Continuing through December 15, 2012
With her current series of playful abstract paintings titled “Living in the Pink and Green,” Los Angeles artist Marion Lane has attempted “to provide a place where, if the time is right, an eyeball will stop, go back, and proceed again. It is this freewheeling rogue eyeball that is so elusive and yet so enjoyable, which gives rise to the pleasures of sight.” And it is the pursuit of these pleasures of sight, the artist contends, that “drives us into the future.”
We’re definitely living in the artist’s future when we gaze upon these paintings. They are purely abstract in their tumbling forms and colors, but without a doubt they reject the austerity, the humorless piety of so much abstraction that is to be found within the precincts of high modernism. This aptly titled show, which references the least serious color on the chromatic spectrum and its complementary opposite, invites and rewards the onlooker’s gaze with whimsy; our first impression is of a total absence of artistic pretense. Ocular joy, visual delight, seems to be the sole mandate of these acrylic paintings on panels, each one of which is a 13 by 13 inches square, a scale that reinforces the childlike playfulness of the series.
Acknowledging that the paintings are “heavily influenced by television,” the artist also characterizes them as “topological landscapes.” Those particular landscapes would have to be that of so-called popular culture, that variegated and patchwork beast that lives everywhere today through the virtual eye of our numerous digital devices. The vast electronic soup of visual culture in the 21st century has already absorbed all of the products of history, by it Japanese kitsch, French Rococo or 1970s Americana, three sources the artist singles out as having influenced the present work.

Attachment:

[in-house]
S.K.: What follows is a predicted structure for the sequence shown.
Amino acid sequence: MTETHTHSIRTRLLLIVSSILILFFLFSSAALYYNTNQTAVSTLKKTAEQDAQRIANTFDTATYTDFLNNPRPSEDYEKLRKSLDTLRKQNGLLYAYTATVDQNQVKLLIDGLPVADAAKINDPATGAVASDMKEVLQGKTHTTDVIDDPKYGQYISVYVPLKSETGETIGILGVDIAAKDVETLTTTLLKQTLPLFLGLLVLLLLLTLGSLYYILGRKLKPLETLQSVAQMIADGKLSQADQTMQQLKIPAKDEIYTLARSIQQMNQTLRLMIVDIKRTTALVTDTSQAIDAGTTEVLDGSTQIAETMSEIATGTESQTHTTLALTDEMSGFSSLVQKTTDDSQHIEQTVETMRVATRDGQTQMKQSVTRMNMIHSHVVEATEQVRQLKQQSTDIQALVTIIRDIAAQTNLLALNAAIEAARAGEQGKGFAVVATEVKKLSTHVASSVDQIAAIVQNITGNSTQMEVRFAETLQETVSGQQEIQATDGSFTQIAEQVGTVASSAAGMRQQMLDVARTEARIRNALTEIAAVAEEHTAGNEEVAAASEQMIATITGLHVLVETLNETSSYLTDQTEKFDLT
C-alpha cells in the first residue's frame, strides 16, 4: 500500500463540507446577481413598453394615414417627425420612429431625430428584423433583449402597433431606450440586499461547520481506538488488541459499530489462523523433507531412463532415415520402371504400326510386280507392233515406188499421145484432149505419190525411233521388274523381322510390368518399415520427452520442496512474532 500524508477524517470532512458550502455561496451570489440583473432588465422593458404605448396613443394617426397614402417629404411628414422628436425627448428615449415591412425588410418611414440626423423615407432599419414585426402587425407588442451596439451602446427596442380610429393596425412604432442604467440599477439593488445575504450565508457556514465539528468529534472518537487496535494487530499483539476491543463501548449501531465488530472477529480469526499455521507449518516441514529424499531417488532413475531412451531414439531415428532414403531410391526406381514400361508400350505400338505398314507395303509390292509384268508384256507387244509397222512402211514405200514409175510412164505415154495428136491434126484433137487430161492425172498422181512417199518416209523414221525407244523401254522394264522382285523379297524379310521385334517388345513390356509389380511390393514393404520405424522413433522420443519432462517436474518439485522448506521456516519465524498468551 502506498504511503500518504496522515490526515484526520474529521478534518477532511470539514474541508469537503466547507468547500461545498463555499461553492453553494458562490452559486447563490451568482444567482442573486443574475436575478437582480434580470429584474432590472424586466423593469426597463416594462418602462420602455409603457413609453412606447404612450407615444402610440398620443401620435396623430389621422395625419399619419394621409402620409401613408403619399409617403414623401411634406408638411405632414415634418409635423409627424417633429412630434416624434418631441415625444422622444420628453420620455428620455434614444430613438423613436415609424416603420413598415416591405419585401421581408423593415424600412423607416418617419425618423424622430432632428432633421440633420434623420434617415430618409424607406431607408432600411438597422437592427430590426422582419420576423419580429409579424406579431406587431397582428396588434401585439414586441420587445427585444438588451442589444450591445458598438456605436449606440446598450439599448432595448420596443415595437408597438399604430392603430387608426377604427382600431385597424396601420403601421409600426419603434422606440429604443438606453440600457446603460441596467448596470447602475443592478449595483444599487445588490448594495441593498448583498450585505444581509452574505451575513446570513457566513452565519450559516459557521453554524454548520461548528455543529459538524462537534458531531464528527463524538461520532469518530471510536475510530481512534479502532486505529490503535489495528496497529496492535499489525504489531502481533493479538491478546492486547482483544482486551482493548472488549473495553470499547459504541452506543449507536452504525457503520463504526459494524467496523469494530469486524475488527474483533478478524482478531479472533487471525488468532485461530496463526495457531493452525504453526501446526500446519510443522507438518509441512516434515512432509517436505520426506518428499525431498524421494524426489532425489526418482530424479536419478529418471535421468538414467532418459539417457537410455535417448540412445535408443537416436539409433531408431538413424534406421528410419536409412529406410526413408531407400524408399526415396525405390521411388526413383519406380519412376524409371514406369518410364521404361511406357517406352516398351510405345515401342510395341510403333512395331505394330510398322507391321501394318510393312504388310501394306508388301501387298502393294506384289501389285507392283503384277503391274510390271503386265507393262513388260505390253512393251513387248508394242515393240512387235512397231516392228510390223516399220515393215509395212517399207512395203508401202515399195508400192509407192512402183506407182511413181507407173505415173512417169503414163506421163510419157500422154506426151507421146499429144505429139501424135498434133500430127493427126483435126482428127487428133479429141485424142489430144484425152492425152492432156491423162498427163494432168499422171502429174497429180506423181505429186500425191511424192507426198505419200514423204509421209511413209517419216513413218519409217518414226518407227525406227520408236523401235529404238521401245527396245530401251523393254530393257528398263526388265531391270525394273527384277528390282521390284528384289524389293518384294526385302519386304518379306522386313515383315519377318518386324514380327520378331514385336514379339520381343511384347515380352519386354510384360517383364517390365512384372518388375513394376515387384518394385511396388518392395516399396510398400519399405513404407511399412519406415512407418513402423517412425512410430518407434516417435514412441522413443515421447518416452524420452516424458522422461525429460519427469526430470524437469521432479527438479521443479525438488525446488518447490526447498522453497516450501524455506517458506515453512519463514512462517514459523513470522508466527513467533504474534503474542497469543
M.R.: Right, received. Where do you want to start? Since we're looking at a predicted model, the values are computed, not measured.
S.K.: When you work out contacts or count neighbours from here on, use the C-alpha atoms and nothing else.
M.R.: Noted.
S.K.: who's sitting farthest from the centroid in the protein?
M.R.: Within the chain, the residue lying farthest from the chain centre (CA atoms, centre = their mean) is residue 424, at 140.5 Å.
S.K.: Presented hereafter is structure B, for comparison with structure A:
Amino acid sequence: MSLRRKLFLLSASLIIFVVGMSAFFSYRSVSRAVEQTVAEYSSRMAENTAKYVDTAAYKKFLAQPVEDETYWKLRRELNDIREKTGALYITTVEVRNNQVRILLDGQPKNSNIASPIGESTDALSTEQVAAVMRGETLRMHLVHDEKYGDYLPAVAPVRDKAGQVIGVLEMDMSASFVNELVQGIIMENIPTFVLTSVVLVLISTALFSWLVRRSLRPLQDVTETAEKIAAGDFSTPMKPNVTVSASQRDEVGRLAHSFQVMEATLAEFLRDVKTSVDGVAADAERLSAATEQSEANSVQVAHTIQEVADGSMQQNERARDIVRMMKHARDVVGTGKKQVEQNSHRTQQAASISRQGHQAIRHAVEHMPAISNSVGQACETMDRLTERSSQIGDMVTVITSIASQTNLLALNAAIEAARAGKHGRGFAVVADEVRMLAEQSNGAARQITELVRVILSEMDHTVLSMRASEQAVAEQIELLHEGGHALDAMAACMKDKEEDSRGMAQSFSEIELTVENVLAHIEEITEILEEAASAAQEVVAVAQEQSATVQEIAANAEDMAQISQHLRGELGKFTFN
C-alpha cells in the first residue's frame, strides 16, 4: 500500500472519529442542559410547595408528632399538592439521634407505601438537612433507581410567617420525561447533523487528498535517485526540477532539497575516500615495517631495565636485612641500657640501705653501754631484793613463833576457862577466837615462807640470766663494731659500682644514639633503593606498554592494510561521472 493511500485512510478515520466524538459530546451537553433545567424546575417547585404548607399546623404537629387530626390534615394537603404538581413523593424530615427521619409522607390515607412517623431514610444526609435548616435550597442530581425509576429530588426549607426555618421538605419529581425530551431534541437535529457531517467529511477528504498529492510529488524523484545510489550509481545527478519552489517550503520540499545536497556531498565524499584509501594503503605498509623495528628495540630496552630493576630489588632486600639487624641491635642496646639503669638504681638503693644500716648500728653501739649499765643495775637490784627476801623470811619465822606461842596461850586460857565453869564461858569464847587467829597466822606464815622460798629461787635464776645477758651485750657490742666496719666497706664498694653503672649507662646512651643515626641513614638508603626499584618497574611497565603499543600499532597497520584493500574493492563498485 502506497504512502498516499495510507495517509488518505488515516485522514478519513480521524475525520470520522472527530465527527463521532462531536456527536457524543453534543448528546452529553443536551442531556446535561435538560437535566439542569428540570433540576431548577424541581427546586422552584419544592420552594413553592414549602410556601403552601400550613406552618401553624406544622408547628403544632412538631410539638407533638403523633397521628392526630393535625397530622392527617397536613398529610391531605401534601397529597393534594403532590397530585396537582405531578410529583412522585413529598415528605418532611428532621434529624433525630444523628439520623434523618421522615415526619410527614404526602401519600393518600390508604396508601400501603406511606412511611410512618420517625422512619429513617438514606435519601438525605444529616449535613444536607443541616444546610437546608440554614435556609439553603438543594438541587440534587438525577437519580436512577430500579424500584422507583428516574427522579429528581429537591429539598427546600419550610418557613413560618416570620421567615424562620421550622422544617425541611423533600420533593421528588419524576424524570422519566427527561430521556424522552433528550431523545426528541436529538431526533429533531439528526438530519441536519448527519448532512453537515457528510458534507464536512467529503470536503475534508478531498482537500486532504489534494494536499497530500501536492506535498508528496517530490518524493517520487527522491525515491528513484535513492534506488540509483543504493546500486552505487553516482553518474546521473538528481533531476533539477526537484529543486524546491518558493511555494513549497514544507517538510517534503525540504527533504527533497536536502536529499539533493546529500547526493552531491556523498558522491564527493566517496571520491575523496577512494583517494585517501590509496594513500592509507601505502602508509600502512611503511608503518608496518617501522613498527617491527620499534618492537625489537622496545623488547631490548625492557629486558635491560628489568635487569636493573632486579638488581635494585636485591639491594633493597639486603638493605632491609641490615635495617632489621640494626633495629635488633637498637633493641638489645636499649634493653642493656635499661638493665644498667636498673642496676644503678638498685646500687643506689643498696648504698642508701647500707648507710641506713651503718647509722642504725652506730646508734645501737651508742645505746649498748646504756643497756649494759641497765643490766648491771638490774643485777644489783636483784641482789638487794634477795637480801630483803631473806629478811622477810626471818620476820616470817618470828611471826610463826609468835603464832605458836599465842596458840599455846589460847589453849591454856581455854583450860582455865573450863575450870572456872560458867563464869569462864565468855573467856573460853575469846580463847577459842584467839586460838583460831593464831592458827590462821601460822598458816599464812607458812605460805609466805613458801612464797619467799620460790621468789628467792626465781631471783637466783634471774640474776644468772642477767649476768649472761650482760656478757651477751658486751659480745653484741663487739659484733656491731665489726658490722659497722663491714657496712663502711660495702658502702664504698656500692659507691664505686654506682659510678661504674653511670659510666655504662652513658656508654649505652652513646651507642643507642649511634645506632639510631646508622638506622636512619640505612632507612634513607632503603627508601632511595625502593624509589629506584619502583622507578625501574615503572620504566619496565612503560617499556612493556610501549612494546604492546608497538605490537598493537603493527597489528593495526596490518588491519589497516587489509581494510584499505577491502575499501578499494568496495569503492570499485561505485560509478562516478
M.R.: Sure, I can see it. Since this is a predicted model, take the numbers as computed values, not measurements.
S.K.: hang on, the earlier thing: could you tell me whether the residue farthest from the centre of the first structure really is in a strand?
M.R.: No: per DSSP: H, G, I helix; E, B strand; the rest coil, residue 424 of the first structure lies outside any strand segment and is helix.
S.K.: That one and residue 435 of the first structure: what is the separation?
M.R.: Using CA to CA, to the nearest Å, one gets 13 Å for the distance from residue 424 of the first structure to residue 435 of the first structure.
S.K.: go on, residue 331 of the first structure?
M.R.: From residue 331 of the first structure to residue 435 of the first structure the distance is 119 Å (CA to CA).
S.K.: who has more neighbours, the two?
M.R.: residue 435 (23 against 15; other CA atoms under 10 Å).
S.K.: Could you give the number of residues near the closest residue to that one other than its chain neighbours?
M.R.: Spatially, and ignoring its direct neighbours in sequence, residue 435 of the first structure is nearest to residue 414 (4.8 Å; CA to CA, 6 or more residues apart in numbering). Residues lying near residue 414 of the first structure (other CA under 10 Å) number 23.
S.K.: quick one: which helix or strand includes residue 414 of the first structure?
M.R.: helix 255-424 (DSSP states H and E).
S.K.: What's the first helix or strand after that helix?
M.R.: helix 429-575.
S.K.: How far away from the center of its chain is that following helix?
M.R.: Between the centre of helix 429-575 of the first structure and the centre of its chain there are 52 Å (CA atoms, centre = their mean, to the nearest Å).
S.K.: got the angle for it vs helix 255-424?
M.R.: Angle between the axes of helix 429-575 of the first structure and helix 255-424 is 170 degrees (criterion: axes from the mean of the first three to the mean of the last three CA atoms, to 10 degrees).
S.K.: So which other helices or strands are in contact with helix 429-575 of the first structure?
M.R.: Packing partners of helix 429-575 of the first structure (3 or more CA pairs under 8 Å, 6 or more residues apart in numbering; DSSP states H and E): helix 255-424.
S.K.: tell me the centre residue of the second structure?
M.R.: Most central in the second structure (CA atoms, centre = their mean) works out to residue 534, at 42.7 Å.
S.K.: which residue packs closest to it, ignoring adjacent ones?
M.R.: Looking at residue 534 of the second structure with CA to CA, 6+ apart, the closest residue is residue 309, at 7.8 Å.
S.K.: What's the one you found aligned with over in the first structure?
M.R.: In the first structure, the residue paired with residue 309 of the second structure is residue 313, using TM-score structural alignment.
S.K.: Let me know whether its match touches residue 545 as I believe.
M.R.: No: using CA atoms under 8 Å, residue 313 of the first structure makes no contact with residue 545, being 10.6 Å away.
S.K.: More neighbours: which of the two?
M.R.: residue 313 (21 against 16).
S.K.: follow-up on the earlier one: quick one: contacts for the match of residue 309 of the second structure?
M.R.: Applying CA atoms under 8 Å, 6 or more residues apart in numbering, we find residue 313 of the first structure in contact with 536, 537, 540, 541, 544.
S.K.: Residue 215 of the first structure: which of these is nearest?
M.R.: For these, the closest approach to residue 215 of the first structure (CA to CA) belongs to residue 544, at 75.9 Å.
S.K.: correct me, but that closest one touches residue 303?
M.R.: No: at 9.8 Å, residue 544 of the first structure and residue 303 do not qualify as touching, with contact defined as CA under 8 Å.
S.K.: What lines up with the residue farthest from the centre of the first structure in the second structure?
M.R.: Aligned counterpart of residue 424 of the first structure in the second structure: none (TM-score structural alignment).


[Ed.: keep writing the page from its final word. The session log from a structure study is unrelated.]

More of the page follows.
The paintings are all untitled, a decision on the part of the artist which may free our interpretation of the work but certainly renders the job of the art critic more problematic. I’ll single out a few paintings by describing their forms and colors. Many of them look like pulled taffy, three-dimensionally rendered, so that the shapes appear to have volume. There’s a real sculptural feeling in many of the works as circular masses are piled on one another. Op Art, itself a form of sheer visual play, is referenced as well in several of the works. The color palette makes little use of candy-bright primary hues, but languishes in subtle use of secondary values.
A repetitive visual strategy of the artist is to lay masses of color volume over a background of vertical lines and thrusts. This makes the volumetric nature of the foreground piles of color even more exaggerated. Other paintings depict what might be alien landscapes or urban worlds of biomorphic constructions. This is an unnecessary argument with their status as abstractions, given their chromatic and volumetric character. The images seem so familiar. And they fibrillate between recognitions that are familiar or strange but never ominous.
Philip Guston might have eventually made paintings like these had he continued to work with lyric abstraction while adopting cartoon biomorphisms less recognizable than the childlike cartoons he embraced after his Abstract Expressionist phase. Your mind will want to see things in these paintings, to forge resemblances or eidetic configurations, out of these graceful forms. Go ahead. You can do that. But always, despite their loopy humor, Lane’s work reminds us of nothing so much as the sheer visual pleasure of applying paint and line, chromatic volumes and masses, to a surface that will hold them.
Published courtesy of ArtSceneCal ©2012